• There are an estimated 16 million people working in the Manufacturing Sector, which accounts for approximately 13% of the U.S. workforce. According to the Bureau of Labor Statistics, occupational hearing loss is the most commonly recorded occupational illness in manufacturing (17,700 cases out of 59,100 cases), accounting for 1 in 9 recordable illnesses. More than 72% of these occur among workers in Manufacturing. These numbers are particularly disturbing considering that a person’s hearing loss must be determined to be work-related and the hearing loss must be severe enough that the worker has become hearing impaired, in order to be OSHA-recordable. Many more workers would have measurable occupational hearing loss but would not yet have become hearing impaired.

This blog is based on a research paper by:

Masterson EA, Bushnell PT, Themann CL, Morata TC. Hearing Impairment Among Noise-Exposed Workers — United States, 2003–2012. MMWR Morb Mortal Wkly Rep 2016;65:389–394. DOI: http://dx.doi.org/10.15585/mmwr.mm6515a2 (http://dx.doi.org/10.15585/mmwr.mm6515a2

[1] http://www.cpwr.com/sites/default/files/publications/CB%20page%2049.pdf
[2] Permitted Exposure Limit
[3] http://www.cpwr.com/sites/default/files/publications/CB%20page%2049.pdf

2017 is not just another year, it’s the year of Hearing Loss Prevention.

January 25, 2017

2017 is not just another year, it’s the year of Hearing Loss Prevention.

Make the most of your hearing health in 2017

New hearing technologies and increased awareness of hearing loss points to 2017 as being the “Year of the Ear.” If you haven’t already made your New Year’s resolutions, consider what you can do to protect your hearing and be more hearing health conscious. We’ve compiled a list of a few things that you might want to consider for the new year.

Hearing Health & Loss Prevention

Hearing loss prevention is an action where you take special precautions to ensure your hearing is not being negatively affected. Sometimes the loss itself can be difficult to identify, which is why it’s so important to be on top of changes that may occur to your hearing.

Your hearing health has a direct effect on your overall health. Hearing loss has been linked to numerous medical issues, including viruses, bacteria, heart conditions or strokes, head injuries, tumors and certain medicines.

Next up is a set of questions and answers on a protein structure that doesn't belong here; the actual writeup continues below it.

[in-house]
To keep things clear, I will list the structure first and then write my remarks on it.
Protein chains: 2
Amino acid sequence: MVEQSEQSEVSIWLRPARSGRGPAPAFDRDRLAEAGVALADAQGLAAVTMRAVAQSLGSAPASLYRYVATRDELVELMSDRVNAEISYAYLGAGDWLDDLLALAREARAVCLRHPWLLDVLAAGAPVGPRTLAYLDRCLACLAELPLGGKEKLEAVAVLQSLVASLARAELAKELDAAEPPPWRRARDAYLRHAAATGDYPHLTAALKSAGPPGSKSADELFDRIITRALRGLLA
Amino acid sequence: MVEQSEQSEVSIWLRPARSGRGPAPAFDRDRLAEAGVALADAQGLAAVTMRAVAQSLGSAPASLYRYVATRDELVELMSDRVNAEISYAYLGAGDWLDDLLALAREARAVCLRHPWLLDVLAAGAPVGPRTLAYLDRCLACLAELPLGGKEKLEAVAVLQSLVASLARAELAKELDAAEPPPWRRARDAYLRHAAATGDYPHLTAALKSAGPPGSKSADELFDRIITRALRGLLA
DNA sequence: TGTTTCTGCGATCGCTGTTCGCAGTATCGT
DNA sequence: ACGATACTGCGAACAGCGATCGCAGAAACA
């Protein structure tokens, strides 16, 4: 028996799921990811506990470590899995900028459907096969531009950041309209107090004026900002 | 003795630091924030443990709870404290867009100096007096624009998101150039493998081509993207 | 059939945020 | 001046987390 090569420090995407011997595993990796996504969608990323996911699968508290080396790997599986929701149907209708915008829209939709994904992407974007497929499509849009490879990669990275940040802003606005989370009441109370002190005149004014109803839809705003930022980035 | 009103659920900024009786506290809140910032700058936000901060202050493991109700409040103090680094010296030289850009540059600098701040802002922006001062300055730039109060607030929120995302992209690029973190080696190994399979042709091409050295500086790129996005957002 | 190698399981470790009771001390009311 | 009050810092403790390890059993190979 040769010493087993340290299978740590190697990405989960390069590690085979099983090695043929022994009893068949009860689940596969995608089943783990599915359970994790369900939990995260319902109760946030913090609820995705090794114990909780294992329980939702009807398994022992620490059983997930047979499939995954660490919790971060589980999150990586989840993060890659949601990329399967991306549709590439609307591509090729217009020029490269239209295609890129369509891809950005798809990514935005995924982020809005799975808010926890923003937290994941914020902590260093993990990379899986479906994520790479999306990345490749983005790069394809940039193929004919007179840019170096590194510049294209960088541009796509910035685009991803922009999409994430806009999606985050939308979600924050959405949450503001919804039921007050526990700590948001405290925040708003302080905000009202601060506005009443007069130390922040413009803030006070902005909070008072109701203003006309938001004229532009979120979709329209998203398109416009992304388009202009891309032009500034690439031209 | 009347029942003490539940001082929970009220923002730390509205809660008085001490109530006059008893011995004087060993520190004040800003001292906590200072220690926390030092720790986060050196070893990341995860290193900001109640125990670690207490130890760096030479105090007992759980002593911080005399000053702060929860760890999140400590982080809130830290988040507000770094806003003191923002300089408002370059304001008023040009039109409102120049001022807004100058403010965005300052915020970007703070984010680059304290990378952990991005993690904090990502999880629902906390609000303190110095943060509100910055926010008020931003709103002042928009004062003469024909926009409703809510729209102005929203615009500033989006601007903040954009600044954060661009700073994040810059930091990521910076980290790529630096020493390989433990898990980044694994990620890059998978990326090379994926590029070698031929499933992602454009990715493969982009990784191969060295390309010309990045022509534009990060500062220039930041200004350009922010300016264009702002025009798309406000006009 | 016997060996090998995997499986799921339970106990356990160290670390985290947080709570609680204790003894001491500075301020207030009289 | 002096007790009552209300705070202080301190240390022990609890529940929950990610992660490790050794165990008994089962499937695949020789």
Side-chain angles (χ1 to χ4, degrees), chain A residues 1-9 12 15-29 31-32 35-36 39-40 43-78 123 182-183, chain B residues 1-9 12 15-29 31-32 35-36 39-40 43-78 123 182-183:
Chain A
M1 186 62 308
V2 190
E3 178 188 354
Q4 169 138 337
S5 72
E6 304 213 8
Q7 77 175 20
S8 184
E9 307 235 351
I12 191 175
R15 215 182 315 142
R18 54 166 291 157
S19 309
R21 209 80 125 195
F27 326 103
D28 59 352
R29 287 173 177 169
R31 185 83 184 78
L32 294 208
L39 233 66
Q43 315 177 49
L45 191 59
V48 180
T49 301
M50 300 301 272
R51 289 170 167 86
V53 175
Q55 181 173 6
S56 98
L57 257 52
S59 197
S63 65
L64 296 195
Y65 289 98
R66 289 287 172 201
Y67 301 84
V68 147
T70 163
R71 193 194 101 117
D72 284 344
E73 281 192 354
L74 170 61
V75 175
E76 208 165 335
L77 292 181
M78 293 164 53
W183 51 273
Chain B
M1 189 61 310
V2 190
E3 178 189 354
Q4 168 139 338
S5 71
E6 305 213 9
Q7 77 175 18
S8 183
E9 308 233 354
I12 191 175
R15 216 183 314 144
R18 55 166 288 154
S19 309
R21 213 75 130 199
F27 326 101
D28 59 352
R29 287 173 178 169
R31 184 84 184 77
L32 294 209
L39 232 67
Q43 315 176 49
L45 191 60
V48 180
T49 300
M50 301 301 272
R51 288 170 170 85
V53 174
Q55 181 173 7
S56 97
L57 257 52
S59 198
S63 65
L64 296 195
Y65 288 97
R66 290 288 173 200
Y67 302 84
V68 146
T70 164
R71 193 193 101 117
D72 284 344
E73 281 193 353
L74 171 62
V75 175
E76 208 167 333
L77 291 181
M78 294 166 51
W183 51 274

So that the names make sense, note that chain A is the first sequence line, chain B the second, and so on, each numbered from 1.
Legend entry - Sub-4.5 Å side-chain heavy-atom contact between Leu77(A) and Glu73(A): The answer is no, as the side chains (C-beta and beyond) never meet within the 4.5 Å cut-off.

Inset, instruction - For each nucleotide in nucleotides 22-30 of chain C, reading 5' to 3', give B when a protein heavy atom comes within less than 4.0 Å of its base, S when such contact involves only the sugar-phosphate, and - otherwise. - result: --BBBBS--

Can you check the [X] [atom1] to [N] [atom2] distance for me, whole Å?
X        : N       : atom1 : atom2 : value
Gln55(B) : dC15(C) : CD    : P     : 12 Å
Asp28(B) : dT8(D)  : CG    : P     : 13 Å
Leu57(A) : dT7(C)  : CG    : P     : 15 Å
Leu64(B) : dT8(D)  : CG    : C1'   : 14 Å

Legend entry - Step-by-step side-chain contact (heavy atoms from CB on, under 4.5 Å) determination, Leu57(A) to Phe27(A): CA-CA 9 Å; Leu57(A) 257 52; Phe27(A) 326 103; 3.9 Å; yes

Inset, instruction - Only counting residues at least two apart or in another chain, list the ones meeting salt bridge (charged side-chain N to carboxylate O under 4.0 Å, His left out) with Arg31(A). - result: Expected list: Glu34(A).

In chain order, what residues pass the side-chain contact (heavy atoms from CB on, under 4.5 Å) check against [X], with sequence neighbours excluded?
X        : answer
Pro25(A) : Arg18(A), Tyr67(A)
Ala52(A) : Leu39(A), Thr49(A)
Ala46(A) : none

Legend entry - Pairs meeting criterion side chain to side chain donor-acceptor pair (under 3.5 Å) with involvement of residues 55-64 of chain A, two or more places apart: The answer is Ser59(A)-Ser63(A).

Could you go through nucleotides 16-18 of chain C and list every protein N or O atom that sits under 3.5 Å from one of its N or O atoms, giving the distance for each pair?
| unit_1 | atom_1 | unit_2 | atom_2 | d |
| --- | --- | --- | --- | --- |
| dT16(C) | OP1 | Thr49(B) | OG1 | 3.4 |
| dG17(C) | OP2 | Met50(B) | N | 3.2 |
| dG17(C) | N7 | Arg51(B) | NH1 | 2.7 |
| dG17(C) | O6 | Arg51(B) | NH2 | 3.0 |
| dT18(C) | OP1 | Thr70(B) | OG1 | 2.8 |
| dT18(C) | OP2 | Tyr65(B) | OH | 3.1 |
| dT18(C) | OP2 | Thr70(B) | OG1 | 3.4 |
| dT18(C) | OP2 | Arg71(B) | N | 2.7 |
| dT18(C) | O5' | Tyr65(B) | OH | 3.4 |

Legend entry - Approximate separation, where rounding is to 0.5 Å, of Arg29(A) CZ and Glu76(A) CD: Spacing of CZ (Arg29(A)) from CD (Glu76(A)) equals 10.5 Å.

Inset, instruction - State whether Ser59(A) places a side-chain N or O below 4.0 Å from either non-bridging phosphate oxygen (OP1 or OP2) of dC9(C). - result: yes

• Heart health: Studies show that a healthy cardiovascular system – a person’s heart, arteries and veins – has a positive effect on hearing. Inadequate blood flow and trauma to the blood vessels of the inner ear can contribute to hearing loss.
  • Hypertension: There is a significant association between high blood pressure and untreated hearing loss. Hypertension can be an accelerating factor of hearing loss in older adults.
  • Smoking: Current smokers have a 70 percent higher risk of having hearing loss than non-smokers.
  • Obesity: Higher body mass index (BMI) and larger waist circumference are associated with increased risk of hearing loss in women.
  • Diabetes: Hearing loss is twice as common in people with diabetes compared to those without. Adults whose blood glucose is higher than normal but not high enough for a diabetes diagnosis, have a 30 percent higher rate of hearing loss compared to those with normal blood sugar.
  • Ototoxicity: There are more than 200 medications (prescription and over-the-counter) on the market today that are known to be ototoxic or “poisonous to the ears.” Some known ototoxic drugs are: Aspirin, Quinine, Loop diuretics (or “water pills”), certain antibiotics, and some environmental chemicals.

Make sure you are making an annual hearing test part of your hearing health routine. Many hearing clinics provide free testing. If you haven’t already, schedule your next evaluation for the new year today.

Protect Your Ears

Noise-induced hearing loss (NIHL) is increasingly becoming a problem, especially for people aged 12 to 35. With the growing popularity of personal listening devices, taking steps to protect your hearing has never been more important. Take steps to ensure that you are listening at an appropriate volume, and use earplugs in heavily noise-polluted environments such as sports venues, hunting, shooting, concerts, or other events and activities that are loud. As little as 10 seconds at a loud stadium or concert can cause permanent hearing damage. Learn More about Hearing Protection.

Take Steps to Treat Hearing Loss

A shockingly large number of people that could benefit from using hearing device don’t use one. Hearing aid technology has improved significantly in recent years, and it’s worth exploring what kind of solutions there are that could make your life easier. You might be surprised by what a hearing aid device can do to improve your quality of life. If you’re suffering from hearing loss and haven’t considered treating it, now is the time!

Don’t Be Afraid to Ask for Help

Every person’s hearing is unique, almost like a fingerprint. When it comes to issues like hearing loss, tinnitus, hearing technology etc. don’t be afraid to ask a professional for advice. Your audiologist can help you make informed decisions about your hearing health and start on a path toward better living.

With the New Year here and moving with a vengeance, it is important to be proactive especially where your health is concerned. Whether it is your hearing, or a colleagues hearing, please educate and pass this message on.

Let’s prevent Hearing Loss, one ear at a time.dB Life Sleeper